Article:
They might get 179 for one triangle and 181 for another and 180 for another.
The students would be allowed to use calculators in this approach, for this takes the drudgery out of the math in more lengthy computations, and allows more time for explorations such as this. Calculators can never replace understanding, however, calculators are what people use in the workplace (probably even by those who would tell us that they should be removed from the classroom).
The instructor would ask the students if there was a pattern? Yes, they might answer, all the angles of the triangles add up to around 180 degrees. They might be then asked to formally state this as a rule.
If I were teaching this class, I might ask the students to try to draw a triangle with 120 degrees or one with 200 degrees. Of course, this is impossible, but instructive. I might also have the students discuss whether it were ever possible to have a triangle in the real world of exactly 180 degrees. (The answer is no. A fact that drillers might never find out.) Then each group might present their results to the rest of the class. The work of each student might be kept in a portfolio for grading. All this would be with the real world view of eventually figuring out the height of the tree.
Sometimes the exploration might be "integrated," or combined, with another subject like science, English, or even history. This is how you find math in the real world. Mixed with other things.
These explorers here are learning about the world around them in a concrete manner. They look at it, measure it, look for patterns in it, describe those patterns, and apply those patterns in a new situation. How is that for fundamentals? You can't get more back-to-basic.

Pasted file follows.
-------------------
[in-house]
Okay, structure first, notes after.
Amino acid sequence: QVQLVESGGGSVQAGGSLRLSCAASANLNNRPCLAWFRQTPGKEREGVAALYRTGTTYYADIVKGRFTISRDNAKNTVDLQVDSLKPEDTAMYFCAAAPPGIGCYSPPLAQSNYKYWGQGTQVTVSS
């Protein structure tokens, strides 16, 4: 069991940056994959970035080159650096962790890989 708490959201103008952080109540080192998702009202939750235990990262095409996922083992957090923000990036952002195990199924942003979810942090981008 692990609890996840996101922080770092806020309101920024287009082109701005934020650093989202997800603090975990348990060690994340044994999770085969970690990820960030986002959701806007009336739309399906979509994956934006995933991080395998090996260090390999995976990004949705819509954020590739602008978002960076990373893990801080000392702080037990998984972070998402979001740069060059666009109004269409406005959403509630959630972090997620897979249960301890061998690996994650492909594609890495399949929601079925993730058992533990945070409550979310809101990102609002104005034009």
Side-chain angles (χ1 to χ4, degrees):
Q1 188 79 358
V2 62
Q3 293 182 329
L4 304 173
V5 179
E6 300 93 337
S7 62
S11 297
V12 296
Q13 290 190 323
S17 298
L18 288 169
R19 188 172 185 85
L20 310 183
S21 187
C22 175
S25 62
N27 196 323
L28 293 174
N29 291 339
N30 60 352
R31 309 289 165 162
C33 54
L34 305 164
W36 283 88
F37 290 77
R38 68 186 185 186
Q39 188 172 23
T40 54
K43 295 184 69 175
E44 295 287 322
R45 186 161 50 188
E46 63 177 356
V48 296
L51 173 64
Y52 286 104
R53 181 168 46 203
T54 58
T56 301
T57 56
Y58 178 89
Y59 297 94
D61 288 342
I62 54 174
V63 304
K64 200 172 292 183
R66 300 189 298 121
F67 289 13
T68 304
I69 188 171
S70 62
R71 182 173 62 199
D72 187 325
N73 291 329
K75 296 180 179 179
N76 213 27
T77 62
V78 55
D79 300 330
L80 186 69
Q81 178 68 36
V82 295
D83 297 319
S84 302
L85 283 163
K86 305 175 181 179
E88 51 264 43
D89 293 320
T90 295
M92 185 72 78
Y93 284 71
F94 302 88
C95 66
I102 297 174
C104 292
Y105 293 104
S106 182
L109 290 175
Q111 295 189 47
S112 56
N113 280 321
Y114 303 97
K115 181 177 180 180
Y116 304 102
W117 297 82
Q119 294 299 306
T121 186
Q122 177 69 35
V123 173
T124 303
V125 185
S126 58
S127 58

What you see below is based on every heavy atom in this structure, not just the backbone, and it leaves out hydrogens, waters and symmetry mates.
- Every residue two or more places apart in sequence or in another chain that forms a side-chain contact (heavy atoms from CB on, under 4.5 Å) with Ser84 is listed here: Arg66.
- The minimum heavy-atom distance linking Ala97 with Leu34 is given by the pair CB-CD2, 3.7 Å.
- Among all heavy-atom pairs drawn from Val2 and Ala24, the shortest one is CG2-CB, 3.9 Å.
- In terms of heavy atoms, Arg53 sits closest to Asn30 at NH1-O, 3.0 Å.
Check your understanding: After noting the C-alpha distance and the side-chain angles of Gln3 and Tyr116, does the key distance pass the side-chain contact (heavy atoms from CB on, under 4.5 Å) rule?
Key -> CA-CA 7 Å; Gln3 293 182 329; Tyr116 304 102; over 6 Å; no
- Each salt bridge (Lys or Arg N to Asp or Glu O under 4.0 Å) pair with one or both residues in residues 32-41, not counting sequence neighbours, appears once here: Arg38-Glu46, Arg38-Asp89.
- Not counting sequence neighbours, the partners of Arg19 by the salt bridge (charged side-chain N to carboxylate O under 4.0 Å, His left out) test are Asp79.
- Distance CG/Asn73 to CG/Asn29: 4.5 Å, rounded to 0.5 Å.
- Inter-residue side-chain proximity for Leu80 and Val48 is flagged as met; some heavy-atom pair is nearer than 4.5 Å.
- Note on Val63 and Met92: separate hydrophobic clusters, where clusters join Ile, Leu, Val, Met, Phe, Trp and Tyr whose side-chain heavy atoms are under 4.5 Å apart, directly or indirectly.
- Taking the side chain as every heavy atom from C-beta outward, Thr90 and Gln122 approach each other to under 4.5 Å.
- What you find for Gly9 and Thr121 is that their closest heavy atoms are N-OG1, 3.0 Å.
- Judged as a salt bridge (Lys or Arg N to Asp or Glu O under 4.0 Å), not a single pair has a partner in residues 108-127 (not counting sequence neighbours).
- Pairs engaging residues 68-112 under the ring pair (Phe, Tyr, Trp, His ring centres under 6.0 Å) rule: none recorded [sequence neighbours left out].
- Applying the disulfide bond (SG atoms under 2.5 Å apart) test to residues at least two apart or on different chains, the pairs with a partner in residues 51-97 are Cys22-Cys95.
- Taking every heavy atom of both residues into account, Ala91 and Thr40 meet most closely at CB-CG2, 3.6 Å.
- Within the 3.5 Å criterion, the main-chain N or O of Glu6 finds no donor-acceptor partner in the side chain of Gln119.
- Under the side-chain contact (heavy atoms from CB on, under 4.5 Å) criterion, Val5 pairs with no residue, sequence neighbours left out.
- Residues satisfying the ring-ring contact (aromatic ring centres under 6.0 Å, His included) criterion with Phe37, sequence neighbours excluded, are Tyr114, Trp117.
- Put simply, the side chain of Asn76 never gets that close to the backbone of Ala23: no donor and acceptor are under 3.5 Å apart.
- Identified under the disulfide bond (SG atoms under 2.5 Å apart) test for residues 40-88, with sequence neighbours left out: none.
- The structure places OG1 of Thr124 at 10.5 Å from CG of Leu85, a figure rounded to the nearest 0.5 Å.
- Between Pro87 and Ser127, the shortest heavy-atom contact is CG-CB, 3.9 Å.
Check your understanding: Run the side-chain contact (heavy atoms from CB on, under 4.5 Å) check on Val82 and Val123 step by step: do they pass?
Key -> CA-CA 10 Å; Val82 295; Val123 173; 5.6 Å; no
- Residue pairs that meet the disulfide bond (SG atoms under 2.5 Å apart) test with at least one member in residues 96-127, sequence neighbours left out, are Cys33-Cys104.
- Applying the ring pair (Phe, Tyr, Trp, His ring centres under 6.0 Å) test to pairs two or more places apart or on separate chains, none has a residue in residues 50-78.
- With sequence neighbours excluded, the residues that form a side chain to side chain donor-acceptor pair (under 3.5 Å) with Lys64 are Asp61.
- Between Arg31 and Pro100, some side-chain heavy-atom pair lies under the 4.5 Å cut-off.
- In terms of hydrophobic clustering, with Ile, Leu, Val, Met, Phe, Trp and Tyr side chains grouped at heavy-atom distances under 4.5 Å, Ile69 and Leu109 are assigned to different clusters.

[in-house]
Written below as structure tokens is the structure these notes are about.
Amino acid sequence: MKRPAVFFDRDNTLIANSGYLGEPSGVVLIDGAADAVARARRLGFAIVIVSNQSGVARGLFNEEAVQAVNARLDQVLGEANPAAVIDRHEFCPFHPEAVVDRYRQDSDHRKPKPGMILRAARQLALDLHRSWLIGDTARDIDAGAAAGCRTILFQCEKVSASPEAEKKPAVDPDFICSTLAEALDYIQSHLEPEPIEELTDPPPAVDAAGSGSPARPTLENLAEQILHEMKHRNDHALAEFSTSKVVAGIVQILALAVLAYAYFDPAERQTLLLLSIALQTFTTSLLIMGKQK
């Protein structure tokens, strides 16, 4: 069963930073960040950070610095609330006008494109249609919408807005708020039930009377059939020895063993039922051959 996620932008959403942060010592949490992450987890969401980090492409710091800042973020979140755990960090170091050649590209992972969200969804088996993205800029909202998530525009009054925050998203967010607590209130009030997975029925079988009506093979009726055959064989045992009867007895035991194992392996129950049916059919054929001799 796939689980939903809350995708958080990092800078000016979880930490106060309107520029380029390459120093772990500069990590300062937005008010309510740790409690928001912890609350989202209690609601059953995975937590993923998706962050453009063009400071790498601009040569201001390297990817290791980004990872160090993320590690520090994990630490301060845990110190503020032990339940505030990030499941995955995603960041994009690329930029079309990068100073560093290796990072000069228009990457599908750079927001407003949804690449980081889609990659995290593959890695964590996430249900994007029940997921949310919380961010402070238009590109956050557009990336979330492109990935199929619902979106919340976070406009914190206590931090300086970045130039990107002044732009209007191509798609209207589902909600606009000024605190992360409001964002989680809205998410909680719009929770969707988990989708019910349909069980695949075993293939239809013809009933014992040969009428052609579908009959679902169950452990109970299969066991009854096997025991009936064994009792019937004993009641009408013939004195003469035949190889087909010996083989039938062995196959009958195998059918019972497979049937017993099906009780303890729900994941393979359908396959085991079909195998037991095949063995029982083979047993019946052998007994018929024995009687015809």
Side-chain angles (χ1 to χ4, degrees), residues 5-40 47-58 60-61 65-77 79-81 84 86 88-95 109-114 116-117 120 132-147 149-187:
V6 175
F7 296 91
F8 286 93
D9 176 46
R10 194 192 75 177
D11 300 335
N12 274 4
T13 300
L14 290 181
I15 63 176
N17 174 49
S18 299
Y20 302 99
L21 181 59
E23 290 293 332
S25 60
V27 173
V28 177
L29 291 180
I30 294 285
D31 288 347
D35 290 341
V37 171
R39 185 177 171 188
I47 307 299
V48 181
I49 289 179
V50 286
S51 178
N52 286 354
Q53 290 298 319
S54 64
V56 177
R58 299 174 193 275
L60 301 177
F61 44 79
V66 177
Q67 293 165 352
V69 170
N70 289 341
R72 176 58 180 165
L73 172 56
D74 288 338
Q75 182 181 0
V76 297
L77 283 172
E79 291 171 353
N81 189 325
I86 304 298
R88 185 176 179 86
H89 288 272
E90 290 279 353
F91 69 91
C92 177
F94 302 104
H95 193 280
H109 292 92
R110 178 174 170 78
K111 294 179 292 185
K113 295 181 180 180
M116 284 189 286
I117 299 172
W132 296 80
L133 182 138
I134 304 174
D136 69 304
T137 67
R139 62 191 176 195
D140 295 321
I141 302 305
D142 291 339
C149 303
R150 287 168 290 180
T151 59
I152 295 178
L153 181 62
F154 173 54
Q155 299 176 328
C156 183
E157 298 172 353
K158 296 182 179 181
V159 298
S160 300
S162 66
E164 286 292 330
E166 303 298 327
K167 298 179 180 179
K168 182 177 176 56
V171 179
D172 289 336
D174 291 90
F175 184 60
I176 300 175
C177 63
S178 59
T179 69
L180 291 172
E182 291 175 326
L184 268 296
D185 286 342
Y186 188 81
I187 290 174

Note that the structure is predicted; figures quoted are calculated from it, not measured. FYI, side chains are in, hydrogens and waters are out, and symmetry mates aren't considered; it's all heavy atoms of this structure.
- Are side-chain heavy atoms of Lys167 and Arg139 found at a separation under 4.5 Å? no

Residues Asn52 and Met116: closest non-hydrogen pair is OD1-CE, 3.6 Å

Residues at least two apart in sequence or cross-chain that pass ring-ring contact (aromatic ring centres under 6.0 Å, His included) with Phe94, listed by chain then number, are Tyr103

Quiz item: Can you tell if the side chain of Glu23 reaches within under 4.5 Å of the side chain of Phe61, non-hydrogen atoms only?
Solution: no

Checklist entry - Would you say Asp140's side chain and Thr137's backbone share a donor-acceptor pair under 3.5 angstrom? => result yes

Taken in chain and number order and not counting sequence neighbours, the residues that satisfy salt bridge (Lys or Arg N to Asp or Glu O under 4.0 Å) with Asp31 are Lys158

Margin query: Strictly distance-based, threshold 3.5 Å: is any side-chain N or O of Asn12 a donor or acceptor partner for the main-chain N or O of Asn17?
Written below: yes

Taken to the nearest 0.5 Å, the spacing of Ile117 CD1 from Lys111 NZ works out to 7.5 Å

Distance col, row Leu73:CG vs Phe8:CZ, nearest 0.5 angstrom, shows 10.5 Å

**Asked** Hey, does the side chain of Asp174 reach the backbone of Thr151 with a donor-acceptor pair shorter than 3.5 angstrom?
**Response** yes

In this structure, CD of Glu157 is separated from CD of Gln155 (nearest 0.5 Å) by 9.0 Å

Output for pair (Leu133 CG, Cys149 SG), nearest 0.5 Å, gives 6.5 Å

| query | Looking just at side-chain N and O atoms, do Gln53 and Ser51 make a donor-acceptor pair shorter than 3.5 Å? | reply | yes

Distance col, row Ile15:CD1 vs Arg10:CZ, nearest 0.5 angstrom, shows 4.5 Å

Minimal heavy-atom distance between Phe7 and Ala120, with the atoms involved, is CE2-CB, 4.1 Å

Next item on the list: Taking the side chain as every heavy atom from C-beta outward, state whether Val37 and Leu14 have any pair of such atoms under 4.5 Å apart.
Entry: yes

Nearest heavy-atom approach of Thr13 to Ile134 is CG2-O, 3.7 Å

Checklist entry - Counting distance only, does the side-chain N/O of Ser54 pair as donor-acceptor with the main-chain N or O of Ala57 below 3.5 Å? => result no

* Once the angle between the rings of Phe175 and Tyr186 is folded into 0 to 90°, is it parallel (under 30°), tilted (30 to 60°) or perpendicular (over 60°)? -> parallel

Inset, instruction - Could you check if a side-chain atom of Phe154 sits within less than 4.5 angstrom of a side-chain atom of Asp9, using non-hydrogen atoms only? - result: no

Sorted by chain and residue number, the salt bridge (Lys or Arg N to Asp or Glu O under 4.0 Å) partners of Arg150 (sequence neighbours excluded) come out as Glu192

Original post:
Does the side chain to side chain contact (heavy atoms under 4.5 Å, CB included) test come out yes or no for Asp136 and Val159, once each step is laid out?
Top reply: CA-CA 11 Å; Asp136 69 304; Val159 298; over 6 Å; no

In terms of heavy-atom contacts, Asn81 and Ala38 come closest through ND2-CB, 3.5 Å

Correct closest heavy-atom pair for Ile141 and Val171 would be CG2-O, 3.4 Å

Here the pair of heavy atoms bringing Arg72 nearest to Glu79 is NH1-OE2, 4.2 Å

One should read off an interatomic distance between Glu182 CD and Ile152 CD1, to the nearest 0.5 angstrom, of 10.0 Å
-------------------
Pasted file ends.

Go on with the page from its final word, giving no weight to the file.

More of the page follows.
They are allowed to think and see for themselves.
There is nothing "fuzzy" about this approach. It is rock bottom, down-to-earth, rigorous, demanding, and challenging. Any discussion by the students should be strictly about math. Principles and fundamentals are uncovered, discussed, formalized, and applied.
I have seen several teachers apply this program well, and one teacher extremely well. When it's applied correctly, it can be a remarkable thing.
However, I have also
seen this program totally misapplied by teachers.
For example, I've seen teachers read the solution to a problem in the teacher's guide (none of us knew how to do many of the problems as we were mostly trained by the "drill and kill" method), but somehow expect the student to figure it out, without the teacher's guide. These teachers should have modeled the correct solution for the students (given them the darn answers), even if it took several months of doing this before the students (and teachers) caught on.